COOS BAY — This isn't your grandmother's library.
After all, where else could a gentleman learn how to sell his bull or a woman who relocated to the area learn how to sell grave plots in Missouri on Craigslist?
"He tried to post it on his own, and something didn't go right, so he came to the class," library director Sami Pierson said. "While in the class, he posted it and got a response back during class time. It was nice to see some measured success."
Programming and classes like "Selling on Craigslist" are becoming more of the norm as the library attempts to meet the needs of its patrons.
"It's interesting because you always hear 'Libraries are becoming obsolete,' but you know they're not," Pierson said. "They're definitely changing more to what I've heard as the community's living room, to more of a social center, because, as with anything, things evolve. Change of format doesn't mean people are using the library less and in fact, they're using it more than ever."
Offering products such as e-books and DVDs and a host of different classes and programs like the aforementioned Craigslist class, the library is anything but traditional anymore, though books still constitute the primary purpose of patrons' visits.
"Programs are just another way we provide information, just in a different format," Pierson said. "It's been interesting because we've been experimenting with different things and we're finding what we thought might interest people bring in nobody. Some other things are crammed almost beyond fire code."
But that's to be expected for the library, which still remains the centralized hub to find information regardless of how "out there" or trivial the content may be.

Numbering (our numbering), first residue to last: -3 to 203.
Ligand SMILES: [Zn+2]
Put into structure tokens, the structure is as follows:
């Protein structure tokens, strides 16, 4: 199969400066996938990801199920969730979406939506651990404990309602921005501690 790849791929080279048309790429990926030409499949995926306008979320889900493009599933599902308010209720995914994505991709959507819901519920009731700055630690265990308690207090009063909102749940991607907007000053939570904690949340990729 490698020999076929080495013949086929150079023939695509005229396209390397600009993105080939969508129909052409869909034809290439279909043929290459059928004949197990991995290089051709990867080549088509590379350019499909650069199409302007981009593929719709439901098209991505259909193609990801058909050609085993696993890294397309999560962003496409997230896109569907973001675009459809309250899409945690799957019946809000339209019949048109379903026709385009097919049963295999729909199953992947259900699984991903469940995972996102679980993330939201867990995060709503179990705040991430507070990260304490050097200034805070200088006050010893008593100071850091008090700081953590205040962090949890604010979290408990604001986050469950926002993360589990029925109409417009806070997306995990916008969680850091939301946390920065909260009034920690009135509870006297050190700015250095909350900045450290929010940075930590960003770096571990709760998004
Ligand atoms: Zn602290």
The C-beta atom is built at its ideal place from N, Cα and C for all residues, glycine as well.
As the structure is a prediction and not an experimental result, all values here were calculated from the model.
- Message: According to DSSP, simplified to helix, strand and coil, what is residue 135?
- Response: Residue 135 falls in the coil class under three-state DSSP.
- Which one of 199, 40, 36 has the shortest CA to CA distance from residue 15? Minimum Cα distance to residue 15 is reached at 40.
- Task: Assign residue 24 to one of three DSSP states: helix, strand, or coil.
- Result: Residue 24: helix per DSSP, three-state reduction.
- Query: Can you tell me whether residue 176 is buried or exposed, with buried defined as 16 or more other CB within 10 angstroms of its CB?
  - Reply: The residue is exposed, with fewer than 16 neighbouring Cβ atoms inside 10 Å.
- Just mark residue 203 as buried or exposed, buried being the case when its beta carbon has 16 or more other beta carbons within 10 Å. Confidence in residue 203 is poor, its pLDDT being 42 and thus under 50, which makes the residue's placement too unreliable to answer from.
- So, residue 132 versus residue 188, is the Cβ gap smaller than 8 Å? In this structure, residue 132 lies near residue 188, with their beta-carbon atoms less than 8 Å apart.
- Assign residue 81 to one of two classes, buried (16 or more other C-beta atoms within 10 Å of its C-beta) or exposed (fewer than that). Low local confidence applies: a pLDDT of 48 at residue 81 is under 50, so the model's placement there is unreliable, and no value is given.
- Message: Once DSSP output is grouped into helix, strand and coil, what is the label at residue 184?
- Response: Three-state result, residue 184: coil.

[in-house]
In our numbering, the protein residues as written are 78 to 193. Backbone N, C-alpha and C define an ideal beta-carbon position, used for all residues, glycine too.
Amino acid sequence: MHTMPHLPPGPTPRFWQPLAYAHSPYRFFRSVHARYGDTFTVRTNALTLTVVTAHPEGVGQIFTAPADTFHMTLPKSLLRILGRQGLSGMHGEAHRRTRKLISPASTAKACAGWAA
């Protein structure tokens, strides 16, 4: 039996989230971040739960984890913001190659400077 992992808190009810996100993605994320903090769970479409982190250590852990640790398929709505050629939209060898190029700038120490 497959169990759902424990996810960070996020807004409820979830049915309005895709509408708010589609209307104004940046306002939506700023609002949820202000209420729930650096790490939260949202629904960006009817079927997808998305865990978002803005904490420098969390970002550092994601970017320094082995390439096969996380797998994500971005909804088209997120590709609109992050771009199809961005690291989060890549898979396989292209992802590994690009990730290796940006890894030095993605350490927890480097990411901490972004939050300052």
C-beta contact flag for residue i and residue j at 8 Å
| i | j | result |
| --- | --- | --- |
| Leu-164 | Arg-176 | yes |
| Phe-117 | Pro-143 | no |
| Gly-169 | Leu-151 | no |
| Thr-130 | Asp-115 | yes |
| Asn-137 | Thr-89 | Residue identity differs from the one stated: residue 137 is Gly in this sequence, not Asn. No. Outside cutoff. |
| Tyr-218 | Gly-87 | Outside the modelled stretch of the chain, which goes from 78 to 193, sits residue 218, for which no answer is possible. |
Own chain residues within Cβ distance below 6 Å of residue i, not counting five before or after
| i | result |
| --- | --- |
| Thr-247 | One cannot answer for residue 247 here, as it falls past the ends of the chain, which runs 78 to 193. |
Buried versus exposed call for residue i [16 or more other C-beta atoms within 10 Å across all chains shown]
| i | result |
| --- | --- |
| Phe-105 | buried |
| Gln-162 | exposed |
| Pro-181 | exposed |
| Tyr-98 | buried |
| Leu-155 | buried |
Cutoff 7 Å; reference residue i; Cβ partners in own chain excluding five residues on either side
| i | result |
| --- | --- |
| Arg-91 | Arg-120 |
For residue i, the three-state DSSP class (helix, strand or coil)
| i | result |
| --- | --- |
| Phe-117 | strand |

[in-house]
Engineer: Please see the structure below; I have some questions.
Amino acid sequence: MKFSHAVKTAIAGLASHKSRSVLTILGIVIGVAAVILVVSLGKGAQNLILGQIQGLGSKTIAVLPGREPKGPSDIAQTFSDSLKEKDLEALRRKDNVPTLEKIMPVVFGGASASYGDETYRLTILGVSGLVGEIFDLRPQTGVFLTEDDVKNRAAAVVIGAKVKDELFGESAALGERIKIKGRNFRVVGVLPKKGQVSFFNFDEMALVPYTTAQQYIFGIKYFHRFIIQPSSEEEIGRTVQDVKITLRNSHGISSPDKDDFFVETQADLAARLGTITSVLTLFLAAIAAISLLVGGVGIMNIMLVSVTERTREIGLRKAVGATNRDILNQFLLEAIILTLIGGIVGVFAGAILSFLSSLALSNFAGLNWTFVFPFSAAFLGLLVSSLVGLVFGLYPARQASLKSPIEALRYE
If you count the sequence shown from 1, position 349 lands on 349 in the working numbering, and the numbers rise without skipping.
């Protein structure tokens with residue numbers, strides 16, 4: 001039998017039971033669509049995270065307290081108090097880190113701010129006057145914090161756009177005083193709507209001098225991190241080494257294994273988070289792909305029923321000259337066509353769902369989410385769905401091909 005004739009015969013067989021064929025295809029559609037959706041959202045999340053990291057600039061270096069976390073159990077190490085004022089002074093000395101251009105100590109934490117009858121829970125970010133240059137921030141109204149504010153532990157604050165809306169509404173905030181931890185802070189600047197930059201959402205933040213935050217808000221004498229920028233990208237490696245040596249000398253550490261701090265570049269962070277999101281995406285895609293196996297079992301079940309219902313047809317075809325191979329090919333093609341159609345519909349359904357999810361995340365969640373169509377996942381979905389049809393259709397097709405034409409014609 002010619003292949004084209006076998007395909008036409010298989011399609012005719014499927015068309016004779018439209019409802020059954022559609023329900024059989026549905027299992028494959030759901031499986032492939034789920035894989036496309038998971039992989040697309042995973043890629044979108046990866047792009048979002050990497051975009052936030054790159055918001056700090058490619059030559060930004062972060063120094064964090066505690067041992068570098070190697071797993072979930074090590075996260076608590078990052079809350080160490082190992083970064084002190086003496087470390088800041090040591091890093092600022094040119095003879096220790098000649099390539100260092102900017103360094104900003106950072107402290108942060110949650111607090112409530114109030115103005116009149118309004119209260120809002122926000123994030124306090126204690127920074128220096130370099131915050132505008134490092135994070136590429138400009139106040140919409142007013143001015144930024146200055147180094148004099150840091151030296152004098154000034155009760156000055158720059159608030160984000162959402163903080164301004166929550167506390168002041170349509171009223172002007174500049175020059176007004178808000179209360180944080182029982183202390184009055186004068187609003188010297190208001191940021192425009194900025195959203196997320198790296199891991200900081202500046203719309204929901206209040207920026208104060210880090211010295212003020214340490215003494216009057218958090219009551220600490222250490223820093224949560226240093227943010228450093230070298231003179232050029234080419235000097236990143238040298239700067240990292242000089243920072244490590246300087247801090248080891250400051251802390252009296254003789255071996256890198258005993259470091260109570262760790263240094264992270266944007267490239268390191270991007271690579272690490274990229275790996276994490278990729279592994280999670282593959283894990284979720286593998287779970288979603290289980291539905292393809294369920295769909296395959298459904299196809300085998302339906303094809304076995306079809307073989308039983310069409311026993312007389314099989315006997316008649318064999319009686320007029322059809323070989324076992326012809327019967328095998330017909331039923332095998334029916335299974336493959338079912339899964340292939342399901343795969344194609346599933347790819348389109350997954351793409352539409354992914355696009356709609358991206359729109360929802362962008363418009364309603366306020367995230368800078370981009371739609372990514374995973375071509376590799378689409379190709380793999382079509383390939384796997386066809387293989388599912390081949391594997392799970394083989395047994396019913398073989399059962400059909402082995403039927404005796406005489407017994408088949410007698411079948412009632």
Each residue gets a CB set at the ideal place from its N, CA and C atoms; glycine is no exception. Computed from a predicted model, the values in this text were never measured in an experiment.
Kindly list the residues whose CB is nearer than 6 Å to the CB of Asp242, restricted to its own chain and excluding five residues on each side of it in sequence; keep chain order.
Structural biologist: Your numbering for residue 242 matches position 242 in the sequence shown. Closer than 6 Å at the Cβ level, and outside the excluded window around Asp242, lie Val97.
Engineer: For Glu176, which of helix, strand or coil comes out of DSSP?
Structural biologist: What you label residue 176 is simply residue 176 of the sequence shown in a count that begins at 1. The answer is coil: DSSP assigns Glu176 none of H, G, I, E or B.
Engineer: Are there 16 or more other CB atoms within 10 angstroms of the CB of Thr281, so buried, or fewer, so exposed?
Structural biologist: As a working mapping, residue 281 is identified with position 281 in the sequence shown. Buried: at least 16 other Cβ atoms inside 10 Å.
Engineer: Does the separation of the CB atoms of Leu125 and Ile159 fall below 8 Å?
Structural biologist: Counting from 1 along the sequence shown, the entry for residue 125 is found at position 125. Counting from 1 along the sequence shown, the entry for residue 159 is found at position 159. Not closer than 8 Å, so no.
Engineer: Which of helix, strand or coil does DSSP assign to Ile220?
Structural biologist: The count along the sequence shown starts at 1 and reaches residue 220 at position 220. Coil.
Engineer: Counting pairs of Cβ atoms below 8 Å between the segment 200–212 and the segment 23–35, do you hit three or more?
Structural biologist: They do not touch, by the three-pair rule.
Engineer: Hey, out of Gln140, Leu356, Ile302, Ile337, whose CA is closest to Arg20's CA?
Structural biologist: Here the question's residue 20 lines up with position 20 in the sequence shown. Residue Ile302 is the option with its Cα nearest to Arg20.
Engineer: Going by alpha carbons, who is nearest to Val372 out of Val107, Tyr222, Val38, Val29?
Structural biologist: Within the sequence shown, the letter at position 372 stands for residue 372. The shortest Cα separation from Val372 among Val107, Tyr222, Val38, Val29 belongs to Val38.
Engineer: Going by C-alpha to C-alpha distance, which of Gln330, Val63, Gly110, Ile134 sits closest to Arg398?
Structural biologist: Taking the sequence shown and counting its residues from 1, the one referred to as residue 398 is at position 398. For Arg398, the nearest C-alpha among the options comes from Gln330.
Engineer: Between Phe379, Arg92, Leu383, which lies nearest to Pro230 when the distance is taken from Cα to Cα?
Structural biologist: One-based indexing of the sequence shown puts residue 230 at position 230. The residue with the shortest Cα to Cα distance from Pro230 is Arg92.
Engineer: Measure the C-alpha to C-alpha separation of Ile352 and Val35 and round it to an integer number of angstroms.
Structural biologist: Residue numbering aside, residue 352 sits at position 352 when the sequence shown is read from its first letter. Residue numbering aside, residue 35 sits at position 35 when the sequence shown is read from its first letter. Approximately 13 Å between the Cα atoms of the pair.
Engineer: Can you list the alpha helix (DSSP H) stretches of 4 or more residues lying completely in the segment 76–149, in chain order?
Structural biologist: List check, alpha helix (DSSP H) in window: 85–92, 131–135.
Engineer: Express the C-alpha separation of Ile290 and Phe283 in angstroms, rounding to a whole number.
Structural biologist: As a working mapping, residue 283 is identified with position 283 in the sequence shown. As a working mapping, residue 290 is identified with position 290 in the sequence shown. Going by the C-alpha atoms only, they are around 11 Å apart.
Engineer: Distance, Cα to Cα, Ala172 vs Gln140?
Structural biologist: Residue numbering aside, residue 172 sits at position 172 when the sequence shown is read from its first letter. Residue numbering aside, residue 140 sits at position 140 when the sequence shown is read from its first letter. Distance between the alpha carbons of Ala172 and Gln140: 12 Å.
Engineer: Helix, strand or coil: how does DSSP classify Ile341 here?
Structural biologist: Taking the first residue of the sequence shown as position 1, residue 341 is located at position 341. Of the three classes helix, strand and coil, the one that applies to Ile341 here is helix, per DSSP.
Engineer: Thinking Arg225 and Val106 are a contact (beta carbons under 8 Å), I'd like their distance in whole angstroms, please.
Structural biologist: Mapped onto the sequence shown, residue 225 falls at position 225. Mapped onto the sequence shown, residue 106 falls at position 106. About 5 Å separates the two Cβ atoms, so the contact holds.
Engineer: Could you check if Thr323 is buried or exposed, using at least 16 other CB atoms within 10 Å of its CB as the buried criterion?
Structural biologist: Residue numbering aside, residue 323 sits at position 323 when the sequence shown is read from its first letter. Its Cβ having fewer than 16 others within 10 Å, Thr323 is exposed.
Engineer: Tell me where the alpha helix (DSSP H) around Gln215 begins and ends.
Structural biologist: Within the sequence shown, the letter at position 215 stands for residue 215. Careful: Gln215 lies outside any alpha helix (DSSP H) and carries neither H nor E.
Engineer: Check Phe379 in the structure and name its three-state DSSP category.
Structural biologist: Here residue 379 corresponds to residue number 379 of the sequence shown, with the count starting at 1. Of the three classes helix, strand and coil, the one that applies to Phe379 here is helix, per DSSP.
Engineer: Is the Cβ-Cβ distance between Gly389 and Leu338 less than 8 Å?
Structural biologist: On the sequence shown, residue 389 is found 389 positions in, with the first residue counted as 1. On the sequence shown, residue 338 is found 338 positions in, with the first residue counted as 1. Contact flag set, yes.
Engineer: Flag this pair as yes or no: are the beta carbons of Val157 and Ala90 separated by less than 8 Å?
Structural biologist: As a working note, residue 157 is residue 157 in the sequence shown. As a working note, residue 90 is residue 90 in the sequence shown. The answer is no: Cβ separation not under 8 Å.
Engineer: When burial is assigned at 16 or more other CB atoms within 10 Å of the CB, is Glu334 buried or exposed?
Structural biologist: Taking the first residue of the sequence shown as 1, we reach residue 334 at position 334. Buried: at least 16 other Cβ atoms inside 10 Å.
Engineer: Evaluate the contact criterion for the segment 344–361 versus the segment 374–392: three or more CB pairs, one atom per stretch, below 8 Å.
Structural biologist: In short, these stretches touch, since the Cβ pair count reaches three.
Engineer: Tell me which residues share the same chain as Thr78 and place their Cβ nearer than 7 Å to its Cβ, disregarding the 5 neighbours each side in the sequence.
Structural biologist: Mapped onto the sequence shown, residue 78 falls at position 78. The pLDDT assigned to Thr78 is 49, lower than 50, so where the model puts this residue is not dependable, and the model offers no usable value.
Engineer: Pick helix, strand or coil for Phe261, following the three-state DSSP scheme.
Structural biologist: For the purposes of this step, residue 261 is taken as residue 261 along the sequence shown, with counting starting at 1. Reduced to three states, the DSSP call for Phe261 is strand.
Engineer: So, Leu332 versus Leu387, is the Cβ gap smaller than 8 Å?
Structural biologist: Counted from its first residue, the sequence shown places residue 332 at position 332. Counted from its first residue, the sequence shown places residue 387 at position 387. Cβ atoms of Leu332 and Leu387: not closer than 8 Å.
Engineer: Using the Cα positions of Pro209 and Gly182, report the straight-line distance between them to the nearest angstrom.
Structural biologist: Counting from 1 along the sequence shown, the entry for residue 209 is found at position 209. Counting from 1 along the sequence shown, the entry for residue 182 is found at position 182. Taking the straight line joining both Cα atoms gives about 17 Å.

"We get your basic 'How do you spell this?' to lots of questions about Bigfoot and 'How do I find him?'" Pierson said. "It really runs the gamut."
Pierson has even had her fair share of requests where she's learned more than she ever wanted to about certain topics that would not ever cross the average person's mind.
While some programming is hit and miss, the library is very receptive to feedback and requests so that it can give patrons what they want like the series of documentaries recently shown.
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"We had a series in January about healthy eating, and they've requested in February a series called Mindful Mondays of various awareness type programming," Pierson said. "It's nice to be able to respond fairly quickly when people request it."
As the library evolves to meet changing demand, it also has begun the process of determining what then new library will look like both in terms of structure and offerings.
Based on its needs now, the current building doesn't really fit.
"What I really hope for the new building is to see flexible space because everything is so solid in here," Pierson said. "If we have a bigger crowd, there's nowhere else to go. We can't open up another wall or we can't easily rearrange when demographics shift.
"We have a much bigger population of babies showing up when we having baby storytelling time. We can't just move the kids' room around to accommodate it easily."
With a large number of nonprofits using the meeting spaces, which Pierson estimated as half of the time, the library can't even get in to use its own space. But that and other problems should be on their way to a solution once the library chooses a firm for its needs assessment.
"We did the strategic plan which kind of set out the services, so now we're going to do the needs assessment, which sets out the space and what exactly do people want in that building," Pierson said. "We put out a request for proposal, which was due on the 15th of January, so now a committee is going through and evaluating them and we'll be interviewing potential firms for that the second week in February."
Most likely within a 6-month time frame, the hired firm will host community meetings, consult with library staff about what they want and get a feel for where Coos Bay's trends are going.
One of those is the influx of younger patrons at the library, which dispels the idea of the library becoming obsolete because as Pierson put it, "it's the next audience coming up."
"We're always going to be here for information," Pierson said. "It just a question of how that's going to look in the future."